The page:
Last warm day

It was 34 degrees when I got up this morning, and an October day that starts off above freezing is a treat. So I had a cup of tea, planted strawberries, talked to my neighbor RAT about taking down a stand of trees to make more gardening space and gave him some Pedialyte for his daughter who has the flu. Then I went to Bar Island to look for apples.

Bar Island is connected to the village of Bar Harbor by, well, a bar.  At low tide it is passable by car but is completely covered by water at high tide. Every summer some tourist miscalculates the window of opportunity and has to be rescued before their SUV is swept out to sea in an oil slick. (Or after, in which case there is a hefty fine.)

This is the bar toward Bar Island at dead low tide. There’s actually salt water to either side. Today it was crowded with seagulls and crows eating barnacles and small crabs, as well as tourists.

bar island 1

And here we are, halfway across, with the Crown Princess anchored just inside Sheep Porcupine Island. There are four Porcupines: Sheep, Burnt, Long and Bald. If you’re standing on the town pier and looking out across the harbor, they are “A Sheep Burnt is Long Bald”. Probably true, along with being a nice memnotic.

crown princess

Bar Harbor logged 97 cruise ships from May through October in 2009. The Crown Princess is actually on the petite side, no matter that she could easily be another island in Frenchman Bay. Tomorrow we have the Queen Mary II and that will be the end of them till mid-May 2010. Town will be filled with passengers all weekend, on foot and in tour buses, clutching shopping bags and cell phones, decked out in parkas and wool hats in the 40 degree sunshine. Not that I’m complaining all that much – they spend a great deal of money here and can’t bring their cars.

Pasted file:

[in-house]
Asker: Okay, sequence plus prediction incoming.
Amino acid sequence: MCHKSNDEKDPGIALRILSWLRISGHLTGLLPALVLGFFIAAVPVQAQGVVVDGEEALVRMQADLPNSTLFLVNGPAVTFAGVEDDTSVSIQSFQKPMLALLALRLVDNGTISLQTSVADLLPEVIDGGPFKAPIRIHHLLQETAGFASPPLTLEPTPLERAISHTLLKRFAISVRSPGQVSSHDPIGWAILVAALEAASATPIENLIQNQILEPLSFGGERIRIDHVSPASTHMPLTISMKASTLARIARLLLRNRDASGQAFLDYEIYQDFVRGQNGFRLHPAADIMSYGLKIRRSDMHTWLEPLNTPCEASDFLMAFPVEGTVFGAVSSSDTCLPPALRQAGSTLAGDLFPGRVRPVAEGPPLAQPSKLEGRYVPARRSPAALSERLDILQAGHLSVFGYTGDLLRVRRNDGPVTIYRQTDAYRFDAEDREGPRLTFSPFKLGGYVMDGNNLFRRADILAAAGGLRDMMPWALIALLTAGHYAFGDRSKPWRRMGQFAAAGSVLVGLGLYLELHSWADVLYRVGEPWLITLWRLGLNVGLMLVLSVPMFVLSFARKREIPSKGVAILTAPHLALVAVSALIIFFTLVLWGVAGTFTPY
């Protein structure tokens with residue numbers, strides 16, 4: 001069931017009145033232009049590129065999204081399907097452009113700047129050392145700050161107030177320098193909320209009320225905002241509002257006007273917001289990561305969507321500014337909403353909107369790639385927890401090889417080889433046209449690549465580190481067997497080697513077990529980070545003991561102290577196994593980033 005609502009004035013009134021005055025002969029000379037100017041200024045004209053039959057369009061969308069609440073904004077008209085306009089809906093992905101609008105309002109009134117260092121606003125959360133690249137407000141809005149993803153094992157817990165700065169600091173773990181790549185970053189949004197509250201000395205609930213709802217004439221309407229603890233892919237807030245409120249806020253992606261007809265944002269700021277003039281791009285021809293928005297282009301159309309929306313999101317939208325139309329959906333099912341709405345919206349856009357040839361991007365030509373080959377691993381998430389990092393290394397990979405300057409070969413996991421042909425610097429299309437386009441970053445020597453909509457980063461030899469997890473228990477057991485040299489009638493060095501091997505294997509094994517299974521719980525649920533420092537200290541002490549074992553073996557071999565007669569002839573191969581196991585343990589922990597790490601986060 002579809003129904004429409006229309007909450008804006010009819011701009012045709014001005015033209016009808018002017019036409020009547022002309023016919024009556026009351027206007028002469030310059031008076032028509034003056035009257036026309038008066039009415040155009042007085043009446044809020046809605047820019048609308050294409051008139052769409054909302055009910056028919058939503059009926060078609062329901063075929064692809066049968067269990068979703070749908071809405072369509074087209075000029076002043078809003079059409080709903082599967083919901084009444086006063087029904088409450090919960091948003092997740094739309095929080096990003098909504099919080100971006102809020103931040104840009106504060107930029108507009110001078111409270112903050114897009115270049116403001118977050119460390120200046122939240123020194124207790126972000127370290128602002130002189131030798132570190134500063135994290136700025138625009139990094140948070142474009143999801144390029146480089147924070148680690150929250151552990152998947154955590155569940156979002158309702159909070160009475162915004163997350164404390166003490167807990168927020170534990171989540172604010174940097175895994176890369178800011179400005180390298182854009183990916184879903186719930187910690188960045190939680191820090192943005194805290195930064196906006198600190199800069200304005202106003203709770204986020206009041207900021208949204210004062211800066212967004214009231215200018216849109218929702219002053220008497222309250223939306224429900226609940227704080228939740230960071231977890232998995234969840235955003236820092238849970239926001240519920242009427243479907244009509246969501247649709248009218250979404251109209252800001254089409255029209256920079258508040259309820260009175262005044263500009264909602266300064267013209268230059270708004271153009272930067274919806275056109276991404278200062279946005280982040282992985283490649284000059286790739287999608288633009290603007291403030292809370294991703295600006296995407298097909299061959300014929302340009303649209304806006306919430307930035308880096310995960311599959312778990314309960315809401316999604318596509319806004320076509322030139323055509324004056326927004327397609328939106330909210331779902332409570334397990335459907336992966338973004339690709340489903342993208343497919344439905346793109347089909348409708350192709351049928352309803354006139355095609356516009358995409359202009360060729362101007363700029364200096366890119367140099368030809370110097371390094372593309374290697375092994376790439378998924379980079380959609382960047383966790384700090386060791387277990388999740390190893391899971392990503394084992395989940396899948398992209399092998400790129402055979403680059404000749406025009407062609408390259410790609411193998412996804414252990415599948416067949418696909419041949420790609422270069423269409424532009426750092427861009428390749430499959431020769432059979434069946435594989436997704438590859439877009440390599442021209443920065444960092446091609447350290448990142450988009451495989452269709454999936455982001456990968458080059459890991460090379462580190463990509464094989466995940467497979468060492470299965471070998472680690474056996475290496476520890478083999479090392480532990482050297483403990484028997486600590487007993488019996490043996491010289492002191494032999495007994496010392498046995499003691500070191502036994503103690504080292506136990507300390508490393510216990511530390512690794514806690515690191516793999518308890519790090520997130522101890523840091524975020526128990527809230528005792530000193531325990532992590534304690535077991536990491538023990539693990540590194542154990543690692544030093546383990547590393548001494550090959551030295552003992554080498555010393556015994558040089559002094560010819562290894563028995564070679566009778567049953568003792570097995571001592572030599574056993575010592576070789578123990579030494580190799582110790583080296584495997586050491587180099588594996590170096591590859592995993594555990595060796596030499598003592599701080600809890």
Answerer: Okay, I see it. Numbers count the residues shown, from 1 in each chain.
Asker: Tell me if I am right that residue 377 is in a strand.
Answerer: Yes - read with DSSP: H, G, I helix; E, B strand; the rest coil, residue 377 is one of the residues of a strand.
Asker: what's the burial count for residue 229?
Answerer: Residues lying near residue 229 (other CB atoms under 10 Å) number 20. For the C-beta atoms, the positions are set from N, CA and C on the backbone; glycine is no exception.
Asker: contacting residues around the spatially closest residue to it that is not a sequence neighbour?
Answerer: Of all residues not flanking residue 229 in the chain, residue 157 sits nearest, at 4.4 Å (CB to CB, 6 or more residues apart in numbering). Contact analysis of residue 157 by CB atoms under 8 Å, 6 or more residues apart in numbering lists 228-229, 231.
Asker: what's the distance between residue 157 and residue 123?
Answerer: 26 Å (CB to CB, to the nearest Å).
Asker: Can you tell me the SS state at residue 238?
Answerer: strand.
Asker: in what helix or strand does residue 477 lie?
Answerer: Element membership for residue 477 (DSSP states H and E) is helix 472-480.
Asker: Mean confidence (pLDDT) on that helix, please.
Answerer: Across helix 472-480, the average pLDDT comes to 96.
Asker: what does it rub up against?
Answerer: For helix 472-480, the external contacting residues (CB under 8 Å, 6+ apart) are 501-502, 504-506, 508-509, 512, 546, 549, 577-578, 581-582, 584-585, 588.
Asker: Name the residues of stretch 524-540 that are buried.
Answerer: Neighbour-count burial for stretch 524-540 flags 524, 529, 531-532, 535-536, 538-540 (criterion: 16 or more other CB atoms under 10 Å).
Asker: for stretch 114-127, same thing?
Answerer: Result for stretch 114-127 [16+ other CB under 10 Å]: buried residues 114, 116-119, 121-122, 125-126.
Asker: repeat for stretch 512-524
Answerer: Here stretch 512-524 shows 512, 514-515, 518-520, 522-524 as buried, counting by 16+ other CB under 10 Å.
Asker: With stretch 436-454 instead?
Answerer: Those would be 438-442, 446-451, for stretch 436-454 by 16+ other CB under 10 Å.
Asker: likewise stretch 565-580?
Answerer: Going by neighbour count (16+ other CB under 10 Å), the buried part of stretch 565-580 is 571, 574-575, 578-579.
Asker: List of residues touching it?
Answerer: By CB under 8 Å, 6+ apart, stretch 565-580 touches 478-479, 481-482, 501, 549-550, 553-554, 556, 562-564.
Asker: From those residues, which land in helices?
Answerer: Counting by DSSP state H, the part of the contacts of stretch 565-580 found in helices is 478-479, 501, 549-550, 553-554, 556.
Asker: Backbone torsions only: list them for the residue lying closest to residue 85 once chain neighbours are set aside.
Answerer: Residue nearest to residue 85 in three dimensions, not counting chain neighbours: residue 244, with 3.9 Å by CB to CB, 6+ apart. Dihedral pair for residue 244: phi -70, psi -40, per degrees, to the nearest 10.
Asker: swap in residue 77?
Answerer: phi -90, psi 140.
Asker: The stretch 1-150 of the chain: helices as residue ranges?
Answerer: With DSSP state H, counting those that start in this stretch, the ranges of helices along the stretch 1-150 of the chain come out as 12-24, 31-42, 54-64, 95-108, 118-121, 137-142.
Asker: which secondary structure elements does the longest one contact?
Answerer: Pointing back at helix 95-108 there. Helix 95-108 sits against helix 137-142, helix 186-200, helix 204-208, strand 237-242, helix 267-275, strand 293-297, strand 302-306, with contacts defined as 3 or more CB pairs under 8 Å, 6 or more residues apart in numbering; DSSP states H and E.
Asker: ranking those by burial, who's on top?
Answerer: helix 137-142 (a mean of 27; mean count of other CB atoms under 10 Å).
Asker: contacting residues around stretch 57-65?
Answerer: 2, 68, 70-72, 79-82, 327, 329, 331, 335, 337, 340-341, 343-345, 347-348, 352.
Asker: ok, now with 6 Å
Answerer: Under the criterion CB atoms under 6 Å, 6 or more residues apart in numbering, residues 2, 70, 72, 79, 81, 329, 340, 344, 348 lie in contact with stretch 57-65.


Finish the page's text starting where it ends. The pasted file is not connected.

This is the view down the bar, back toward the village.

bar toward village

I didn’t take home any apples this trip. It was a beautiful day: I saw buffleheads and eiders, heard ravens talking in the woods and the calls of several species of woodpeckers, spoke with many foreign travelers (mostly about apples) and had a wonderful day. There was even enough light to work in the garden when I came home.

These are the only apples I saw on Bar Island today. Little orange crabs on a pale (but still living) tree, they were growing in an abandoned orchard mixed in with cherry, peach and plum trees, all gone to ruin.

crab tree

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